An investigation into the need for further regulation of puffery in advertisements, in light of E-Commerce.

Vijayasingam, R 2017, An investigation into the need for further regulation of puffery in advertisements, in light of E-Commerce., Doctor of Philosophy (PhD), Graduate School of Business and Law, RMIT University.


Document type: Thesis
Collection: Theses

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Title An investigation into the need for further regulation of puffery in advertisements, in light of E-Commerce.
Author(s) Vijayasingam, R
Year 2017
Abstract Puffery refers to advertising presentations that are based on exaggerated claims, opinions and superlatives. There are no legal liabilities attached to its usage, and the legal protection given to puffery enables marketers to use it extensively in the promotion of their products. One of the issues with this, however, is that puffery influences purchases despite the exaggerated nature of its claims. The false presentation of products as possessing desirable attributes, or not possessing negative attributes, is thus allowed freedom from legal repercussion. While there are boundaries that separate puffery from misleading conduct, their demarcation is not always clear.

Consumers face the risk of being misled and not having a legal remedy. A consumer in the brick-and-mortar space is able to verify the authenticity of exaggerated claims made before making a purchase decision and thus can abate this disparity. This abatement will not be the same for consumers in the online sphere. Online purchases do not give the consumer an opportunity to examine the product prior to the purchase, and thus reliance on the claims made is higher. Newer trends in marketing and purchasing methods indicate that there is an increasing migration of businesses and consumers to the online medium. This means that there will be a larger population facing the difficulty of determining the authenticity of promotions and products.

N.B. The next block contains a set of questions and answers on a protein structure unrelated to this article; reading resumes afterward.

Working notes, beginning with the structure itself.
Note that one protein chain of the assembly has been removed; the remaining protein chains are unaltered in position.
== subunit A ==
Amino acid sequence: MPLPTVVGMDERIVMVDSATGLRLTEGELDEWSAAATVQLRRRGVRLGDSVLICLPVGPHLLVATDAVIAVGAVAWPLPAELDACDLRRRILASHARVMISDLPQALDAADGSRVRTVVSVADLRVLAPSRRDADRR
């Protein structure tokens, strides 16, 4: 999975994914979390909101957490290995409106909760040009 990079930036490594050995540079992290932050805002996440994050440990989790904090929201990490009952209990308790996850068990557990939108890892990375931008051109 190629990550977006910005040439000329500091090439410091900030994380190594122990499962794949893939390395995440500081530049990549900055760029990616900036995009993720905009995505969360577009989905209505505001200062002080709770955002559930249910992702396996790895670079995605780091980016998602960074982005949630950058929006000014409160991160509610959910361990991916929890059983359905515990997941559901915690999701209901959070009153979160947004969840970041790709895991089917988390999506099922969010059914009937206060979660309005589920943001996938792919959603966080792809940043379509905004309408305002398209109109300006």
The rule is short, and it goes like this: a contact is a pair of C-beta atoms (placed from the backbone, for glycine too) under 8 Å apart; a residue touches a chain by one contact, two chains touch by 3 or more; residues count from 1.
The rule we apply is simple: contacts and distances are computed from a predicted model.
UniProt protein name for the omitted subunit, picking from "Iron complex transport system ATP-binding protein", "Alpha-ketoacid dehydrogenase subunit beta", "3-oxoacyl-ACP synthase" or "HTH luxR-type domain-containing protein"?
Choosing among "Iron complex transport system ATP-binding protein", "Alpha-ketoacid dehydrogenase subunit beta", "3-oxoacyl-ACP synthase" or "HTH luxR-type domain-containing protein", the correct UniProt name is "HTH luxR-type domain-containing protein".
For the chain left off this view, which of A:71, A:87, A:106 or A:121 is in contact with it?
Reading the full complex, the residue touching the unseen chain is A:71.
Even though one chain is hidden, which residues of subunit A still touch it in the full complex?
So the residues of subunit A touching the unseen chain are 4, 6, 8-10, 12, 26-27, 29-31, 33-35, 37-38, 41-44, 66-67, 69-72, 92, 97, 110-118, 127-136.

This thesis examines the need for tighter regulation in the area of puffery usage in online advertisements in Australia. An analysis of the Conceptual Model, using Partial Least Square Structured Equation Modelling, reveals that marketers’ exploitation of legal uncertainties and the consumer’s lack of knowledge regarding remedies leads to increased victimisation of consumers. Focus group and online survey findings indicate that the line between puffery and misleading practices is blurred. The continuous litigation taken by the Australian Competition and Consumer Commission against errant companies for misleading practices further substantiates these findings. It is imperative that tighter regulations are implemented so that consumers and marketers are both on equal footing and are fully aware of the boundaries that delineate puffery from misleading conduct. This research hopes to persuade both the private and public sectors to establish appropriate guidelines pertaining to puffery in the online environment.
Degree Doctor of Philosophy (PhD)
Institution RMIT University
School, Department or Centre Graduate School of Business and Law
Subjects Marketing Communications
International Trade Law
Commercial and Contract Law
Keyword(s) Puffery
Online
Advertisements
Regulation
Marketing
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Created: Fri, 16 Mar 2018, 13:05:29 EST by Denise Paciocco
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